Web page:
Drone Strike

alanToday a friend of mine (who I didn’t know was a Low fan) posted a link that has had me smiling all day.

I had not heard this news but it was like candy to my reading eyes.  At this weekend’s Rock The Garden music festival in Minnesota, five indie bands were gathered together to play a long evening of rock ‘n roll.  Among the bands invited were Minnesota’s own Low, the very band that inspired this website (including the name).

The crowd had just been rained on so much that some were literally standing in ankle-deep water, and as Low took the stage certainly no one was expecting what would come next:  a 14-minute, droning, noisy, ambient tune from The Curtain Hits the Cast that was stretched out to fill their entire almost 30-minute set, followed by a simple three-word punchline.  “Drone, not drones.”

Apparently the majority of the audience weren’t amused (warning: foul language in that link).

Listen, folks, I understand that:

  1. the audience was filled with people that probably don’t know the iconoclastic side of Low and were looking for just a good night of music, and that
  2. this amounted to a preachy political statement at an inconvenient time, and that
  3. people paid a lot of money to see a night of what they hoped would be music, and
  4. Alan probably alienated some potential fans by making this statement.

That having been said, reading about it has reminded me once again what made Low so life-changing for me in the first place.  Here is a band who, from the beginning, wanted to be like nothing you’ve ever heard before.  They played quietly and slowly, with subtle harmonies and lots of ambience, to crowds that often sat while listening, and would often turn their volume down in hostile venues, during the era when Grunge was hitting the scene.  And they not only succeeded in doing it, but they’ve earned a throng of loyal fans, some of them quite high-profile, and managed to stay married and active in the church, while raising children, for over 20 years.  Perhaps Alan is right that it’s a fluke, but it gives me hope that I can stay true to myself and still find a niche in life.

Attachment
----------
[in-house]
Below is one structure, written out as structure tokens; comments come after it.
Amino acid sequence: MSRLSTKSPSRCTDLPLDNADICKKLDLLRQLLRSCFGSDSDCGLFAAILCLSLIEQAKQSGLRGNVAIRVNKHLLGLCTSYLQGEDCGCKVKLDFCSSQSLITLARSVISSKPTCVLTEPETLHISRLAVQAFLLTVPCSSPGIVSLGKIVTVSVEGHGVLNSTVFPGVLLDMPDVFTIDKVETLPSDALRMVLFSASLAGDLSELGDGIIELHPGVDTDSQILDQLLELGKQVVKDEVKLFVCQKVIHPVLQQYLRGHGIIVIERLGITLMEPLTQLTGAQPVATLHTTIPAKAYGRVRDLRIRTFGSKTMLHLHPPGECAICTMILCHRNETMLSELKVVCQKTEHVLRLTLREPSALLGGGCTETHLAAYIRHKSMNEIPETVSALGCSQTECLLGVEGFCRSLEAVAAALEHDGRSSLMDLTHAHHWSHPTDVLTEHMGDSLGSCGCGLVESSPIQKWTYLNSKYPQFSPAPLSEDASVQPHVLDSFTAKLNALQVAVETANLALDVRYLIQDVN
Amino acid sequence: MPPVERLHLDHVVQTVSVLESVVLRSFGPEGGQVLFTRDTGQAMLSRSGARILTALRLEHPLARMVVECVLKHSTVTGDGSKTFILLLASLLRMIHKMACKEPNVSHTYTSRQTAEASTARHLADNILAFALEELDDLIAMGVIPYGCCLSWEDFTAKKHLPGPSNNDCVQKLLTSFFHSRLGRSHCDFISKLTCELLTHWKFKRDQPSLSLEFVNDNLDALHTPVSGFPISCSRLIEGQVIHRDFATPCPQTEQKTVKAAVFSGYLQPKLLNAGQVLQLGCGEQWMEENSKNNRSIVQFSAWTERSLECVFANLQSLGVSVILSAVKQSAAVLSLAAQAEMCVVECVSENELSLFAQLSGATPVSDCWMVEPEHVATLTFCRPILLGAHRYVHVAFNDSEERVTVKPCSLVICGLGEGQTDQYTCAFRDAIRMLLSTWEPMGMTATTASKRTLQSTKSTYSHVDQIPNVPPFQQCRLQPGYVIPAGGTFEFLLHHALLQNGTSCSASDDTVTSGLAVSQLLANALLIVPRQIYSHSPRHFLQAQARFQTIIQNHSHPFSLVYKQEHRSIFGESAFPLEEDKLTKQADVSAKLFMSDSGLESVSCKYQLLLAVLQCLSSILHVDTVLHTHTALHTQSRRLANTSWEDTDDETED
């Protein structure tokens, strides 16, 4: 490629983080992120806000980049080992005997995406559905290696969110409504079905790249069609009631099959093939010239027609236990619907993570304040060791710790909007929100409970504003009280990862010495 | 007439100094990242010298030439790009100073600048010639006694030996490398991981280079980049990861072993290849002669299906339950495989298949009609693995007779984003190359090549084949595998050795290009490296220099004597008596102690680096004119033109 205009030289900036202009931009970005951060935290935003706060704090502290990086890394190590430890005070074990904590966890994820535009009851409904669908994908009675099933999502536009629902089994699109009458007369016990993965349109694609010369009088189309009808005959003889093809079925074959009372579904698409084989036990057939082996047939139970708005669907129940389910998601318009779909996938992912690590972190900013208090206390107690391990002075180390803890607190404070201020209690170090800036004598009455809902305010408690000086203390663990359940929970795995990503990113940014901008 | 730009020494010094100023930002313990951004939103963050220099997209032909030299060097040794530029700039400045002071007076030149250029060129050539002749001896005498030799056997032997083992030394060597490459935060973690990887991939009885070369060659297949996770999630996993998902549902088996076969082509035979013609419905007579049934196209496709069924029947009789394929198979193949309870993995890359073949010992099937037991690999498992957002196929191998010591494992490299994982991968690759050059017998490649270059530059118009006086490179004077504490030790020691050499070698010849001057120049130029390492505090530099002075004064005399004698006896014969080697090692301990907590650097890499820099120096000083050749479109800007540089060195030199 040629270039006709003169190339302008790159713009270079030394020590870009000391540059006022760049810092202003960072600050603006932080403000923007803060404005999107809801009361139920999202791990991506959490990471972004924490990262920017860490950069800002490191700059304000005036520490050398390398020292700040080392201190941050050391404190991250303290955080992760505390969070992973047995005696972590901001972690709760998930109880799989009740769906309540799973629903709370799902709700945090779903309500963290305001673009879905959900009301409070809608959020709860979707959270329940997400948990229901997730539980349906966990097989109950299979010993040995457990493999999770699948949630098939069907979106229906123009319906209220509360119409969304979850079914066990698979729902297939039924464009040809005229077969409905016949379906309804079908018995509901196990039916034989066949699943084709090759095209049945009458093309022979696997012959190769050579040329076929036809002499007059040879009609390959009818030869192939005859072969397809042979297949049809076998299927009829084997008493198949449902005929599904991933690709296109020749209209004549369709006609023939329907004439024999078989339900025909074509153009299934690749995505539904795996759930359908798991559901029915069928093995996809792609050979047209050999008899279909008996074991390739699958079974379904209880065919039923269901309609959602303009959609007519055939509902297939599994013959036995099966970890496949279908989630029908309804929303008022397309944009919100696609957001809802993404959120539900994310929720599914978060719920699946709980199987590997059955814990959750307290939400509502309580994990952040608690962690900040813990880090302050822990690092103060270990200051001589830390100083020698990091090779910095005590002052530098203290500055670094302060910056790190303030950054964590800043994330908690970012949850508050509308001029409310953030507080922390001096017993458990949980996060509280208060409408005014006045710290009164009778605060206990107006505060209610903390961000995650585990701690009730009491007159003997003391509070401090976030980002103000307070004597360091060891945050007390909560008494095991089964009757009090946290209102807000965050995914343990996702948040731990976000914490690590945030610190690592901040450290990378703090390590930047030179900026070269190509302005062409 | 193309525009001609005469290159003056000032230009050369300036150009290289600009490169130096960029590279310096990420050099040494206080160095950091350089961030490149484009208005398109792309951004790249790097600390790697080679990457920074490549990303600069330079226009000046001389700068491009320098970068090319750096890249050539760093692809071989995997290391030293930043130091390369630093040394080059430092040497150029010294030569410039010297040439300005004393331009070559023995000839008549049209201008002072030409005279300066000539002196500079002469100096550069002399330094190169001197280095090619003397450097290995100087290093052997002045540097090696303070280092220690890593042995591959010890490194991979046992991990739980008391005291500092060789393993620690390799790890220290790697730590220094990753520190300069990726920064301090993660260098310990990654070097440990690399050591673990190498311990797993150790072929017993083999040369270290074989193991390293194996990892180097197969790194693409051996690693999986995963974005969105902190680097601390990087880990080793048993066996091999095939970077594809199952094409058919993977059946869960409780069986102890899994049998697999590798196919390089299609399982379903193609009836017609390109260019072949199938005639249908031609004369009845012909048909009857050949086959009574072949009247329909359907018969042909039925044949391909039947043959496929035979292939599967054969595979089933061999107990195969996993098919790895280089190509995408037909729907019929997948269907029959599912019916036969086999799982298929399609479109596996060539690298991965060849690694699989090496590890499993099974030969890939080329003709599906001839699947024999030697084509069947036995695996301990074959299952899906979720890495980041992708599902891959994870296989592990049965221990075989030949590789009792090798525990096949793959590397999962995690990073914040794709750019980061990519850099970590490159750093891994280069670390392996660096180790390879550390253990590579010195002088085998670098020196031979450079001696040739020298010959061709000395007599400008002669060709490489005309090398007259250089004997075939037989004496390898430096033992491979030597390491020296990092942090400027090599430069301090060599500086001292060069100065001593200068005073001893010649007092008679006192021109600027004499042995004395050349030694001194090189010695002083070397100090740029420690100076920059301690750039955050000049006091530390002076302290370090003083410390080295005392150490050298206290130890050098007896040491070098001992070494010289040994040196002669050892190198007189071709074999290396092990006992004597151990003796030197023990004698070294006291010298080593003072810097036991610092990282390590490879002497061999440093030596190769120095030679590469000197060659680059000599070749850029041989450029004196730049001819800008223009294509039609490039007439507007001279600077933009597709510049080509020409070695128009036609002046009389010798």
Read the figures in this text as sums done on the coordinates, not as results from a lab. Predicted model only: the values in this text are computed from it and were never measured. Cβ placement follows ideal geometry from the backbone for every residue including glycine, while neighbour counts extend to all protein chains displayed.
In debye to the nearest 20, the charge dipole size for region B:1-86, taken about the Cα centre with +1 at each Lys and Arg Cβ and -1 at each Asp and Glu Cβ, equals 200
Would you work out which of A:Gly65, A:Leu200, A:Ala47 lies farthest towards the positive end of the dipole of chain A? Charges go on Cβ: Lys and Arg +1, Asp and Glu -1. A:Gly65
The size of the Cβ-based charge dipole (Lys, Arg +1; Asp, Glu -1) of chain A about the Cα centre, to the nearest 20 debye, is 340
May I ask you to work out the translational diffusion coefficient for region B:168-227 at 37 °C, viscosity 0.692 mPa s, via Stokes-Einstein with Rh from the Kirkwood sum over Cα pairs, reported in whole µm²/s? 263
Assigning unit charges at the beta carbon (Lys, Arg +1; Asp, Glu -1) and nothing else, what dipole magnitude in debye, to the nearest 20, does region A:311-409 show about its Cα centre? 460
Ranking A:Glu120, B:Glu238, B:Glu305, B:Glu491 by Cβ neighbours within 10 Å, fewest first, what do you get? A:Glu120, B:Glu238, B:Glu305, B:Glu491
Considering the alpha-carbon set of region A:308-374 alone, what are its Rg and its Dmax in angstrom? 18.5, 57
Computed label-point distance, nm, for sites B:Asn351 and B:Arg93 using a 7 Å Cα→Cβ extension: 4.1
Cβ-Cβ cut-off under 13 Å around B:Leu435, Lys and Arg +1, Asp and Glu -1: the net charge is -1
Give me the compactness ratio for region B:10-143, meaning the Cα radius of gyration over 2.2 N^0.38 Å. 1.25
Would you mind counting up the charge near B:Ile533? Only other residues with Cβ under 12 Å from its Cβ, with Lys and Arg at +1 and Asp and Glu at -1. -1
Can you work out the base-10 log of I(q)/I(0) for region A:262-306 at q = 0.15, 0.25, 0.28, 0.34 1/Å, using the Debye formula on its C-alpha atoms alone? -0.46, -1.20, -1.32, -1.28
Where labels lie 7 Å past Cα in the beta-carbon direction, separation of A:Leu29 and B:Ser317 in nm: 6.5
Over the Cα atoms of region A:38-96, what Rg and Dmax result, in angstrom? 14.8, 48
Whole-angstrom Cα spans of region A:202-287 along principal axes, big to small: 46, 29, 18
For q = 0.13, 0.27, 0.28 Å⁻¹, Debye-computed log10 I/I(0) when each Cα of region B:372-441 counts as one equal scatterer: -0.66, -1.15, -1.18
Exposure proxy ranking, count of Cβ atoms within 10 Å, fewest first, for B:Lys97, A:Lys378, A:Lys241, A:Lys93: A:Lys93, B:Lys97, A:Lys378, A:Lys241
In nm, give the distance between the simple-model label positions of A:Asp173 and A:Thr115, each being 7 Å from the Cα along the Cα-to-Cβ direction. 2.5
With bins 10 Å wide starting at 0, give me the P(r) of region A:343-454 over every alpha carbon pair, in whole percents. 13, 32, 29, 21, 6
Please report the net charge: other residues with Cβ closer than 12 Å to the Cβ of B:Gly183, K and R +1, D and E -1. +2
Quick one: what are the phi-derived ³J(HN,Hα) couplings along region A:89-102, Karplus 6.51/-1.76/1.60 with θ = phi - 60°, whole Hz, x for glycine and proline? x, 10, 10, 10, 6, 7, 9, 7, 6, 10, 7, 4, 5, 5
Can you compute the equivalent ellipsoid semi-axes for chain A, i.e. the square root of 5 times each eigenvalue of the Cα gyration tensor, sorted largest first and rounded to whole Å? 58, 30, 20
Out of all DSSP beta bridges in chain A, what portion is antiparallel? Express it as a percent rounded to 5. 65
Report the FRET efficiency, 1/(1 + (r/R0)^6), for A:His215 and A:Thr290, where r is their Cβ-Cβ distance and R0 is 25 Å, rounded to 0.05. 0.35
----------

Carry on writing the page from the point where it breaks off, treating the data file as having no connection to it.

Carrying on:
Secondly, without getting too political here, the issue of drone strikes by the United States government is a concern to me, and it’s sensitive, uncomfortable, inconvenient, and interrupts my daily life and thoughts in a disturbing way.  Anyone that reads a lot about the subject should lose at least a little sleep over it.  It seems to me that Alan feels the same way, and what better way to bring awareness to the issue than point it out starkly to a crowd of art fans who might be receptive to the message?  And I’m noticing that this seems to be the overlooked point of Alan’s stunt.  So Alan seems to have miscalculated, perhaps, and a crowd of 5000 potential fans might have been the casualties of that bold risk, but I’m so glad he took it.  So glad.  Like, tonight when I put my kid to bed and he was brushing his teeth I was just beaming to myself the whole time, just thinking about it.

While many of the crowd probably wanted a refund on the money they spent on Low, I literally would have paid $100 to see it.  And you know, as far as I can tell, they seem to be the most-talked-about artist that played that show – and hundreds and possibly thousands of people are hearing the phrase “drone, not drones” for the first time (including me), so perhaps Alan knew what he was doing after all.

Drone Strike

Low/Sparhawk news clearinghouse: free music, new band, new albums, Wilco, Ben Gibbard, BYUtv, etc

Linescratchers has been sleeping, but low is the band that never sleep and Alan Sparhawk is the shark of the music world. If he stops writing and performing, he dies.

Alan Sparhawk collaborated with violinist Gaelynn Lea in a new band called Murder of Crows. They’re selling a download of their first EP, Imperfecta, for however much you’d like to pay (including $0) here. (Handmade CD version is available here.) Watch their segment on PBS show The Playlist here.